Whether you're an ABC (aunt by choice) or ABR (aunt by relation) there's more that meets the eye than simply becoming the dazzling aunt by default. It's an important role in a child's life that shouldn't be taken lightly.
"Finally, we have a voice. The aunt is often the unsung hero of the family," says Notkin, founder of SavvyAuntie.com. "She mends a scraped knee…she needs tools to cope with that and children look to this adult to discipline them. She's not a grown up playmate."
As aunties all around the land rejoice with acknowledgment, there's finally a community to connect, learn, and grow. In particular if you're an auntie with a little nephew or niece on the way you can get schooled on all things related to your new fabulous family role.
An aunt herself, Notkin created the community to connect and share best practices among both ABC's and ABR's to get information and content. Coining the term PANK – professional aunt, no kids - she says aunts should be respectful that we aren't the parents of our nieces or nephews and we're not replacing the parent. However, as the aunt you have a responsibility to be cognizant of the parents' discipline style. "An important point is to have the discussion so you're not out of line," she says.
Once you dish with the parents you'll have a better understanding as to how they run the household ranging from discipline right down to birthday presents. For instance, if they're strict about gifts you may not want to indulge the child with countless toys. On the other hand, if they're community focused by emphasizing volunteering or forward thinking instead of toys, they may prefer that you do something related to volunteering or contribute to their college fund.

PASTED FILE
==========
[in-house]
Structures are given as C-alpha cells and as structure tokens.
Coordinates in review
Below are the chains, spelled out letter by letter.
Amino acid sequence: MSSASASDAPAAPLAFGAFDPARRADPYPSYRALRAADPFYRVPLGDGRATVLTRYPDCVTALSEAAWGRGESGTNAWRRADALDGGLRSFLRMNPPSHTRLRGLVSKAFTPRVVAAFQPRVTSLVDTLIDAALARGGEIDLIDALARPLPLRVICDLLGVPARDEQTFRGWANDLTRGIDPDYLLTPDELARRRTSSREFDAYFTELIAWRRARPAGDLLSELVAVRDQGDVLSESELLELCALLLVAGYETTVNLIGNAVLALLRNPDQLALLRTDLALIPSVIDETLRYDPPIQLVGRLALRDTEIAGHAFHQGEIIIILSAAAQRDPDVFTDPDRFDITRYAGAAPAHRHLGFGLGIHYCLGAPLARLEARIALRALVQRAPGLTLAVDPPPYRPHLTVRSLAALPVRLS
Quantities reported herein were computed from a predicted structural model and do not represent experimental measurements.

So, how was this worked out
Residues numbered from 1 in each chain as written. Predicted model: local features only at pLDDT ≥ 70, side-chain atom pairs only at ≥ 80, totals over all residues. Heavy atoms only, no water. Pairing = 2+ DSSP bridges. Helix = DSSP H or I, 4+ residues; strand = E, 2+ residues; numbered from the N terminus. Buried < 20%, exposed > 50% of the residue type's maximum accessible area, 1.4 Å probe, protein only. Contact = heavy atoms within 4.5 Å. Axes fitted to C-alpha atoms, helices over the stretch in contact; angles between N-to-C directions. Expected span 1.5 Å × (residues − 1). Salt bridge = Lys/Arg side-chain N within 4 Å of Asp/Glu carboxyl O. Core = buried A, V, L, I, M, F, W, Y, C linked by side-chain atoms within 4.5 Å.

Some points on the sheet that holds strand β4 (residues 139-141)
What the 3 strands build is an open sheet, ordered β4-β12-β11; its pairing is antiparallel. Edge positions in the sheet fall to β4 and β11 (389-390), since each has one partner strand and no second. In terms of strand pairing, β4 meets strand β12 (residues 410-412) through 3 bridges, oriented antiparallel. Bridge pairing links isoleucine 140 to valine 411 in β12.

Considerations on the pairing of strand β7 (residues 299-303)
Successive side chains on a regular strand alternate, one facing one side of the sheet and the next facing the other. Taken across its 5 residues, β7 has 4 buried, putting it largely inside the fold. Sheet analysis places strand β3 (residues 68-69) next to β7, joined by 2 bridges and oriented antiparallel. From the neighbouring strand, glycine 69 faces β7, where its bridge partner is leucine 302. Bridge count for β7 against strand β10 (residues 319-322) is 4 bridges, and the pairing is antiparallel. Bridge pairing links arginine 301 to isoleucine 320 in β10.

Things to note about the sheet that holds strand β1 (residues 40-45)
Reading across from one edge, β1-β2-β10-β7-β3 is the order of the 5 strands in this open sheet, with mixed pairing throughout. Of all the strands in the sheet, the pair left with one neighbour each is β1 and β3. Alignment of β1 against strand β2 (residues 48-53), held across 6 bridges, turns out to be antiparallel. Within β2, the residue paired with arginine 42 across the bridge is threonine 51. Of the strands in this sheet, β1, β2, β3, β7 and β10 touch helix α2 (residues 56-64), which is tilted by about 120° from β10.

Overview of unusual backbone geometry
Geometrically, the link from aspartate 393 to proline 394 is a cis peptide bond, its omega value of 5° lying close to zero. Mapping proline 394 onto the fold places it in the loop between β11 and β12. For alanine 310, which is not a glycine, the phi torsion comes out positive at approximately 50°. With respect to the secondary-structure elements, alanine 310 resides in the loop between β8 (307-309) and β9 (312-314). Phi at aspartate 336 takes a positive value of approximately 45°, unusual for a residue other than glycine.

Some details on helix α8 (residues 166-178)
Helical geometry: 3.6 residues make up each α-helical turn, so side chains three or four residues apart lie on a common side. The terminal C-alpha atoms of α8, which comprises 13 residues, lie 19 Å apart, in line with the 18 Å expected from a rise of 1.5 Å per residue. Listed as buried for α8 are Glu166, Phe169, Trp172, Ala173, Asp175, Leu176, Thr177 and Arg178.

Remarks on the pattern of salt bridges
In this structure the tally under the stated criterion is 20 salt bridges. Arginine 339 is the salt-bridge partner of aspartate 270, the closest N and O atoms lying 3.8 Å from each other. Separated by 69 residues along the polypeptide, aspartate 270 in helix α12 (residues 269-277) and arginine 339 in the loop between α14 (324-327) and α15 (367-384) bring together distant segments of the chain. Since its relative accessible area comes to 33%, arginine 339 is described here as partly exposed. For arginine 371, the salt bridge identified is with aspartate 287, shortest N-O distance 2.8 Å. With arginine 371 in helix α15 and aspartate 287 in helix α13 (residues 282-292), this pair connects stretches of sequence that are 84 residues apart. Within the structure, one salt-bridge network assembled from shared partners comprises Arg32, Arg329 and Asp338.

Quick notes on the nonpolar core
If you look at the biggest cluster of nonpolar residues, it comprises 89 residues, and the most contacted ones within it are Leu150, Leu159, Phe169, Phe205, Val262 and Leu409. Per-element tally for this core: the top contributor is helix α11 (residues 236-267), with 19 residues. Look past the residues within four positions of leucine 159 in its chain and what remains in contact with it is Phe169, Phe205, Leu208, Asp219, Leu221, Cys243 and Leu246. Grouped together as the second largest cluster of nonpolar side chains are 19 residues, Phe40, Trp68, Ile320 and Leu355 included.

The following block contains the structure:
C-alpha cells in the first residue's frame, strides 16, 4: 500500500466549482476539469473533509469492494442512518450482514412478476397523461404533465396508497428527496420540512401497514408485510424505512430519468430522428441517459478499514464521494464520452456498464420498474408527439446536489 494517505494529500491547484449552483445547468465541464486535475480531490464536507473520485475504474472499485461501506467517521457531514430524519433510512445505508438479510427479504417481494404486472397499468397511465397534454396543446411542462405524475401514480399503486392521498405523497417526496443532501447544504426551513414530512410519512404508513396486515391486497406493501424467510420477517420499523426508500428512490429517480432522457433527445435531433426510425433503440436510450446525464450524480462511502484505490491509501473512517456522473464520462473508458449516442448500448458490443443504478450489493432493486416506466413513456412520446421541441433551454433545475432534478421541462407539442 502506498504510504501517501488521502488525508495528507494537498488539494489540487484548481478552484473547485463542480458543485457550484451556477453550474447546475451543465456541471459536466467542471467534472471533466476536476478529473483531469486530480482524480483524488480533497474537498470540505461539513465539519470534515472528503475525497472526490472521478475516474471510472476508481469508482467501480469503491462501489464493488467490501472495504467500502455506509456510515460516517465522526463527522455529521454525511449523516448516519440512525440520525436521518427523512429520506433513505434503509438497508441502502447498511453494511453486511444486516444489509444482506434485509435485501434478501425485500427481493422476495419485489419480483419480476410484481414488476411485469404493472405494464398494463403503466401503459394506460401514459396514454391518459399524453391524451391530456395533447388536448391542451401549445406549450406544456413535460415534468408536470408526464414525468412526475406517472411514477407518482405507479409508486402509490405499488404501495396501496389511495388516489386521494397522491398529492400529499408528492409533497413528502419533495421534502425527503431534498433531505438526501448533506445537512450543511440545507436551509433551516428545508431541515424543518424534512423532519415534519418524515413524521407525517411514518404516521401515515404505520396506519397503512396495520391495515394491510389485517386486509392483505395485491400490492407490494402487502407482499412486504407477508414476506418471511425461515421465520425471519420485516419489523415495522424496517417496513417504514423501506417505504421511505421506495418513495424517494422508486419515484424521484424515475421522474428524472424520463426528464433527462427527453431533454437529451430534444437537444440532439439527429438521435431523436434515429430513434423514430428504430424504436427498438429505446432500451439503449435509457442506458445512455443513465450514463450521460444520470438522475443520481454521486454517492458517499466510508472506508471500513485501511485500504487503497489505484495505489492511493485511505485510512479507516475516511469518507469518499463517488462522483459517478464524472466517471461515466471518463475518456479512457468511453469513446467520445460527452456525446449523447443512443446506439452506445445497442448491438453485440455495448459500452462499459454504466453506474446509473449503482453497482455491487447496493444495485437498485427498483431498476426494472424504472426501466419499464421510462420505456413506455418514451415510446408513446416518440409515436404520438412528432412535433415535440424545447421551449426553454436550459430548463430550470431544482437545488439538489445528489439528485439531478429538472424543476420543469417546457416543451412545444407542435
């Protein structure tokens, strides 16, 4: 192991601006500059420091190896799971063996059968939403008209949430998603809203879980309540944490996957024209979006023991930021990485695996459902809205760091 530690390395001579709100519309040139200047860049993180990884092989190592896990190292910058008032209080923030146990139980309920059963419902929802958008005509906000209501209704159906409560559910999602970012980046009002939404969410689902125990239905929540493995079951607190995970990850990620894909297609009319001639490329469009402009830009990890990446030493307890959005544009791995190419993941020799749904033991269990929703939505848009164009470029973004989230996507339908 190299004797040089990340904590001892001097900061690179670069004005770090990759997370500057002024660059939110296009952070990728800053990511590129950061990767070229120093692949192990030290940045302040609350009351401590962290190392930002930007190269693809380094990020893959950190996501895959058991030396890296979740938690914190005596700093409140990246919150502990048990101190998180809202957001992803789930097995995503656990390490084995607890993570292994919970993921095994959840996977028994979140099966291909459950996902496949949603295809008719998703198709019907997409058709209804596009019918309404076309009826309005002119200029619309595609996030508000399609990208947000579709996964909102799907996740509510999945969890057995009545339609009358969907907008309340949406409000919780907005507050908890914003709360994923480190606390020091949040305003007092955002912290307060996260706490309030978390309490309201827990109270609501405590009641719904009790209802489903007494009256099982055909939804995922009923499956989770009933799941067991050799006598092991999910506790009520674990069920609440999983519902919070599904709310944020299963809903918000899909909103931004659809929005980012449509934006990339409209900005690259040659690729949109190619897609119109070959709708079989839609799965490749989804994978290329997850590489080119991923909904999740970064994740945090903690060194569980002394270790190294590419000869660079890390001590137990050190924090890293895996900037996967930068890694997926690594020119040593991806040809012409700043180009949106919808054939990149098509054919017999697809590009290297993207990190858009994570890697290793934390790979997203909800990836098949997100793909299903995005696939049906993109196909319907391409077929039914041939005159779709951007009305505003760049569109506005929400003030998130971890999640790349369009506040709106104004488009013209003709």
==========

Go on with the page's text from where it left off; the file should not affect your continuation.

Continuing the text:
Presents aside, it's important to create a special bond with the child and be cognizant that each child in the family is different. "Really, every child is unique...Creating that bond with the child and that child loving you back with such loyalty and unconditional love – that's the joy!" proclaims Auntie Melanie. Do things with your niece that they don't often do with their parents, such as taking her to get a mani/pedi, going to a special restaurant or providing input on her first prom dress.
Aunts who don't live nearby, that would be LDA's (long-distance aunties), are at a geographical disadvantage in cultivating a nurturing relationship just by nature of the locations. Then, of course another variation of the traditional aunt is the mommy auntie; women who became aunts before they became a mom. LDA's can foster the aunt-niece bond through email, phone calls or even Facebook while mommy auntie's can foster the cousin bond by going on fun family outings such as the zoo or a waterpark. No matter what the unique circumstance, Notkin says, "They never lose the relationship of being the aunt."
The aunt also plays an important role in influencing the child. "Maybe you're green and organic and like to give sustainable toys." Or maybe your lifestyle engenders sustainability that your niece or nephew can try to emulate. Regardless of your style, Notkin says the aunt can use her personality to create a stronger bond with the child.
Above all, just as parents realize each of their children is an individual so does the aunt. Notkin notes that every child is unique; the aunt is sometimes the one adult a child feels safe with, the insider in the family with whom secrets are shared. Or she's on the cutting edge, she knows about trends before the kids' parents do. She's not at the PTA meetings but manages to intrinsically know exactly what kids are into. Let's face it, she's cutting edge cool.
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